The first time I blogged about this theme the message was concrete and formulaic. In reality, getting going again, or unsticking one’s energy can be a feat. And to keep the energy moving, once unstuck, can feel equally daunting. However, I always find myself going back to that one art therapy session. Some days, blobs of color on a page is good enough to do the trick.

A (somewhat) Promising Customer Service Experience

Last week I had a minor fender bender. Importantly, nobody was hurt. As the other car owner wisely said, it’s just metal and we can fix that.

I haven’t been in any kind of a car accident since the 1990’s. At that time, I wasn’t driving the car, but it was my car. I don’t recall the claims process. However, I’m sure it involved a lot of phone calls and forms (filled out in quadruplicate), and trips to the autobody shop. This time around, the experience has been completely different.

The process started with me calling the insurance company. After that, I moved to my phone to finish the claim. It was easy to downloading the app. Continuing the claim was quick. I was impressed!

I opened the app. Immediately, I saw a prompt for the claim. The instructions were clear and easy to follow. First, I submitted nine sets of photos. Each set had written instructions. It also included a diagram to illustrate exactly what to photograph and how (e.g., up close, wide lens, etc.). Despite the circumstances, I found myself oddly optimistic about this streamlined and seemingly efficient process. It was one of the first times I can remember going through a process designed around using a smartphone.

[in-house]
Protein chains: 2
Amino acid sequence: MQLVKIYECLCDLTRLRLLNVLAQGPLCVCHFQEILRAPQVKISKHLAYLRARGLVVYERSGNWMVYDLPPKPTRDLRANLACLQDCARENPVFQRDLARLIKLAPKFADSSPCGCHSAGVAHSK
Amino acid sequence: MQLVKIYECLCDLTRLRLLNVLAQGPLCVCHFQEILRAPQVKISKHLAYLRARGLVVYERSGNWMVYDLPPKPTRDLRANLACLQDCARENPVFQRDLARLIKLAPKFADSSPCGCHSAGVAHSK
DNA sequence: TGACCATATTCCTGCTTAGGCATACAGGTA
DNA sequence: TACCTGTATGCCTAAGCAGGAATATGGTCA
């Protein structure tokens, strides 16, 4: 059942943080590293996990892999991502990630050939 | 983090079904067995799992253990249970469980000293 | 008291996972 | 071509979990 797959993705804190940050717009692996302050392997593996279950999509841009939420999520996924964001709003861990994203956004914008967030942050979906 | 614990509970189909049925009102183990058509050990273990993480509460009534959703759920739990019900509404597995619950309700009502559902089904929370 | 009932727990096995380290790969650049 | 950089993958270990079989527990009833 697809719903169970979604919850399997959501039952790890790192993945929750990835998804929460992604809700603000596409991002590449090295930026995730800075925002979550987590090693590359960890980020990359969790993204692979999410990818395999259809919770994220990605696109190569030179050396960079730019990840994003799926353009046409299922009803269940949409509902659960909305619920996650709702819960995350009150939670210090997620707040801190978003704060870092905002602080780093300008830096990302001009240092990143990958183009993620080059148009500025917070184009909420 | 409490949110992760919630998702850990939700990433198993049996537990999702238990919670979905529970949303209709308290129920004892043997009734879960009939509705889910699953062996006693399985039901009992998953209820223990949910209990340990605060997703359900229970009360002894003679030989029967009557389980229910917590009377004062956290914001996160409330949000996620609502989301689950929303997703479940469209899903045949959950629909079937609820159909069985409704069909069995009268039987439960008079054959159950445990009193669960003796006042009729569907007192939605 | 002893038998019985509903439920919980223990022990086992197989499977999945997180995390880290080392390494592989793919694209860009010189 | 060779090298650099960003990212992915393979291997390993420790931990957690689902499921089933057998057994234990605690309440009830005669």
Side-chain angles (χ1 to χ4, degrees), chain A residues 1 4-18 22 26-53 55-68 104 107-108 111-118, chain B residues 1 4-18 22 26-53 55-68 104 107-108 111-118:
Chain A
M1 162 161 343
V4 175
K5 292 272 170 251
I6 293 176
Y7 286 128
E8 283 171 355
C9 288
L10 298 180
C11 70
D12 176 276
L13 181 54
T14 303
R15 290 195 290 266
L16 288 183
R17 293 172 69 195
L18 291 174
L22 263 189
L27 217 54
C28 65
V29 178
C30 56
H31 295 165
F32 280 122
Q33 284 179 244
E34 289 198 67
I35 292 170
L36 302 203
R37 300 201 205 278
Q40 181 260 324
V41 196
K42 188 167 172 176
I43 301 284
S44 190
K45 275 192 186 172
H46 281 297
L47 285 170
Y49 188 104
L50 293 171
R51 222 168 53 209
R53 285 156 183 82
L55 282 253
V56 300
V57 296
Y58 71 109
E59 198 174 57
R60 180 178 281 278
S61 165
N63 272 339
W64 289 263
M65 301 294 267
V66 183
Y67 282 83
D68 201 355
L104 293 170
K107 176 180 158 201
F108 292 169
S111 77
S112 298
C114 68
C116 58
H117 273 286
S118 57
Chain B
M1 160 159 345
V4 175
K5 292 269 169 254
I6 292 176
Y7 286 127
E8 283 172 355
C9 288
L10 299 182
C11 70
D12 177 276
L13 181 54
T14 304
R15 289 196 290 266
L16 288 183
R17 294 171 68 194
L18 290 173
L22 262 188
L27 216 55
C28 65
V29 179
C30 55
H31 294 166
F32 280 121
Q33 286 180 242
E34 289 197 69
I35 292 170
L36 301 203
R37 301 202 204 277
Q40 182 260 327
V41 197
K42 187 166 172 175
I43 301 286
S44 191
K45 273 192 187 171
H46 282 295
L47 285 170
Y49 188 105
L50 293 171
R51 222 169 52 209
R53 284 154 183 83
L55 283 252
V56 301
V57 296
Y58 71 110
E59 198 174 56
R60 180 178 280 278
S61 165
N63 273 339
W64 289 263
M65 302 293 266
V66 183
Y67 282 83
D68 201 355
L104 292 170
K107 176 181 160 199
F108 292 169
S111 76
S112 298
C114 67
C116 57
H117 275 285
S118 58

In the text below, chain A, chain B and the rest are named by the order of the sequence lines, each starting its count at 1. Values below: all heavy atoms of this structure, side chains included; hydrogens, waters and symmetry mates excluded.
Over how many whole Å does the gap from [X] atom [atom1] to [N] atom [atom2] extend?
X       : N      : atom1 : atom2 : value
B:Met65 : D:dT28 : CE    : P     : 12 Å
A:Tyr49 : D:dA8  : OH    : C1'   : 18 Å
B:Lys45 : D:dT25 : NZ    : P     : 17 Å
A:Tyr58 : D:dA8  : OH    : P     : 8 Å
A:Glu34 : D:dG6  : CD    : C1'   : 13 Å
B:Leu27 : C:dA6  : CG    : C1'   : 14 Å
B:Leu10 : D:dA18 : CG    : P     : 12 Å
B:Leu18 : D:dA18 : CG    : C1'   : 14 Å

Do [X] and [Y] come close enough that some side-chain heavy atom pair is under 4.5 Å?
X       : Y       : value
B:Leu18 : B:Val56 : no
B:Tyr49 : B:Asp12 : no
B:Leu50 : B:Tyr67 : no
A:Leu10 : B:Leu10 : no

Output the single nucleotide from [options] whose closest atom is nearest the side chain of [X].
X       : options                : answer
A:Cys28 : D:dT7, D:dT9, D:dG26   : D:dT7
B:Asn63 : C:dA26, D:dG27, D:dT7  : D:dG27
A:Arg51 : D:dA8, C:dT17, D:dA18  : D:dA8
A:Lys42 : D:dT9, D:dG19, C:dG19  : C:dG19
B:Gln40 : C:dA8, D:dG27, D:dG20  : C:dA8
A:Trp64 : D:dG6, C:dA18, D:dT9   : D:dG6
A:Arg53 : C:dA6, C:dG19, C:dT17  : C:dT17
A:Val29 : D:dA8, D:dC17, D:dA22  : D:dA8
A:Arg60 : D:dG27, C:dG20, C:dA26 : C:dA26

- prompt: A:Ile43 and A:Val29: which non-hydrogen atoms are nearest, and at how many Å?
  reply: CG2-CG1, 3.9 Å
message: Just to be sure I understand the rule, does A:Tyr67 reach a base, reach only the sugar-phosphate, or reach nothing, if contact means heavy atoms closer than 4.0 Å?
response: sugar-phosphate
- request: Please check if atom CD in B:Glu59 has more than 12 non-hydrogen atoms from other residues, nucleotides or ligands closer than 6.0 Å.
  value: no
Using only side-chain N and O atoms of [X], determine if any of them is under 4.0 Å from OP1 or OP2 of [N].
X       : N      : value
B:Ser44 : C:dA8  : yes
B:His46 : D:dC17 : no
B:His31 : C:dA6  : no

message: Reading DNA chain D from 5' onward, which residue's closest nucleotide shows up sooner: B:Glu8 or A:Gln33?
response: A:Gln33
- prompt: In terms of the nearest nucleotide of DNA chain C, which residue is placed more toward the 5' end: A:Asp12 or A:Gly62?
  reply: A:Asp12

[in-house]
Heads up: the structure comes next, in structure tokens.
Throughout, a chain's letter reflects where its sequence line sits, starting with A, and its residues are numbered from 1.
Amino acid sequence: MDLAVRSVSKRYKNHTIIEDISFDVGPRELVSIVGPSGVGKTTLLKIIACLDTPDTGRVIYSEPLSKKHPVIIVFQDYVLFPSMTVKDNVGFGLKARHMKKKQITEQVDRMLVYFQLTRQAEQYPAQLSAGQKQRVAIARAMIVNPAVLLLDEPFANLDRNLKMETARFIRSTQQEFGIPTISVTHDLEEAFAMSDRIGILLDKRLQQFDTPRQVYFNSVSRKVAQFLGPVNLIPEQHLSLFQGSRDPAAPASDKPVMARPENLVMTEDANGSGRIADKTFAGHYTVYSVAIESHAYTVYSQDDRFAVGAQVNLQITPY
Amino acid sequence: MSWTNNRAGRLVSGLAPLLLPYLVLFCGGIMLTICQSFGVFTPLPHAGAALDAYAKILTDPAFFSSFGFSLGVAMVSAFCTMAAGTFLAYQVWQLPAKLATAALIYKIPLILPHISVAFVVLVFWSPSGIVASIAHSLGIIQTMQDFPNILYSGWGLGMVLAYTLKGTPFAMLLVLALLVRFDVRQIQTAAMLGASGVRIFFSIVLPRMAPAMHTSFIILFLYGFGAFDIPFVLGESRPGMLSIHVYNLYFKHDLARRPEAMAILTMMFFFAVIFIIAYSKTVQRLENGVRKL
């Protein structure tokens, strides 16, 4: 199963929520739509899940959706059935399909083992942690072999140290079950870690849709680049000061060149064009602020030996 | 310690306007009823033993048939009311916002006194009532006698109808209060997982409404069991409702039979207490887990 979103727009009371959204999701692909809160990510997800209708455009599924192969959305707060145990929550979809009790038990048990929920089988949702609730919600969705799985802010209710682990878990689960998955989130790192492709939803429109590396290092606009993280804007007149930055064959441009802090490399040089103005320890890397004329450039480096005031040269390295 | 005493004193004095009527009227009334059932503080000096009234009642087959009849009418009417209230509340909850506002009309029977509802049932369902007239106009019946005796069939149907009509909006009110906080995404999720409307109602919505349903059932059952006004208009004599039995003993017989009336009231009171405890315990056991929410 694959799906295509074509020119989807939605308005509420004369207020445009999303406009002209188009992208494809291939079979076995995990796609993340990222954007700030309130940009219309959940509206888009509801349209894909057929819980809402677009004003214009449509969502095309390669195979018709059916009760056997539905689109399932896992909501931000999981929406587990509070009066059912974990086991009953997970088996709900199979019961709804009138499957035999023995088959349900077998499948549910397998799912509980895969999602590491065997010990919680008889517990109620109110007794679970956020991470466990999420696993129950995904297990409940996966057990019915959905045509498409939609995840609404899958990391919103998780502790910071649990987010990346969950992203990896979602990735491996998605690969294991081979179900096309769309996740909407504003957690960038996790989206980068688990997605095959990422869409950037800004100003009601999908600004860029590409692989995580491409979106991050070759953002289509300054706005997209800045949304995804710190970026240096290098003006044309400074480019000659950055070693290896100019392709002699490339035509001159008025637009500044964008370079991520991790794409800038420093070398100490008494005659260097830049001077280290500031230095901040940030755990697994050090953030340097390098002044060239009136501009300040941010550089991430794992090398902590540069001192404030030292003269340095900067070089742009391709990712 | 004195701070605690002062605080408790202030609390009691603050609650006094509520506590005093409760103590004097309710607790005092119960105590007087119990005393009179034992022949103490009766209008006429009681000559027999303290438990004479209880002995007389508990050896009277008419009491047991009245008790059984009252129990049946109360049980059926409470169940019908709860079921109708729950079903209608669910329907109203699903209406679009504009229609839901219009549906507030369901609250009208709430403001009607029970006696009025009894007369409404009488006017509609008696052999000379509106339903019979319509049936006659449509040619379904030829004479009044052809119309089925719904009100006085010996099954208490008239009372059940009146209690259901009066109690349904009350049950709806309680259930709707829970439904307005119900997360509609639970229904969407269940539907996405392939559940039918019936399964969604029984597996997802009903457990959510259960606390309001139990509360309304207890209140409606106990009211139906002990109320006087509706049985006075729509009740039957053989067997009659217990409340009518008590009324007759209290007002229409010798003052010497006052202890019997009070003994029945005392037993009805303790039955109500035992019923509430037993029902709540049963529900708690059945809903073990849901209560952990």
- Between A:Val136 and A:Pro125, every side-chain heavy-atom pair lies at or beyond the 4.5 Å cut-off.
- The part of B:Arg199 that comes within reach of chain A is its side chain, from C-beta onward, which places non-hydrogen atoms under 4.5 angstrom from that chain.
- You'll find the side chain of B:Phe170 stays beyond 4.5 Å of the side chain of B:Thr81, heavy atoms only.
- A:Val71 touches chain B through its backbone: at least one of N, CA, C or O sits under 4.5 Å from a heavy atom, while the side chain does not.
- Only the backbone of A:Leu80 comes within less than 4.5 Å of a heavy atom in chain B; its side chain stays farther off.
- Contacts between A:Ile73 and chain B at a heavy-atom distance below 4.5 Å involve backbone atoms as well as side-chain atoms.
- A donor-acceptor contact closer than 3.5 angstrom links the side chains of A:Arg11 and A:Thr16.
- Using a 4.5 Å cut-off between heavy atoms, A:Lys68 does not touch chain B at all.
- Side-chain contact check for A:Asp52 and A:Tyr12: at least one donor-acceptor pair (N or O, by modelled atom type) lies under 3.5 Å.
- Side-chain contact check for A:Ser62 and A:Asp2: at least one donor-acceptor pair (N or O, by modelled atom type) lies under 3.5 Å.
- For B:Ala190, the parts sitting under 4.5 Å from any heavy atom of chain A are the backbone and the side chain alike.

Then it didn’t live up to expectations. Around the same time I was uploading the photos, the recommended autobody shop called to follow up. Apparently, they had received the claim, but no photos! I called them to explain I had just uploaded the photos. They told me to wait a couple of business days before checking in again.

I called over 2 business days later and they still haven’t received my photos. At this point, I had to call the insurance company again to try and sort out where the photos went, my hopes and dreams for a streamlined, easy, and efficient process crushed, like my bumper. 🙁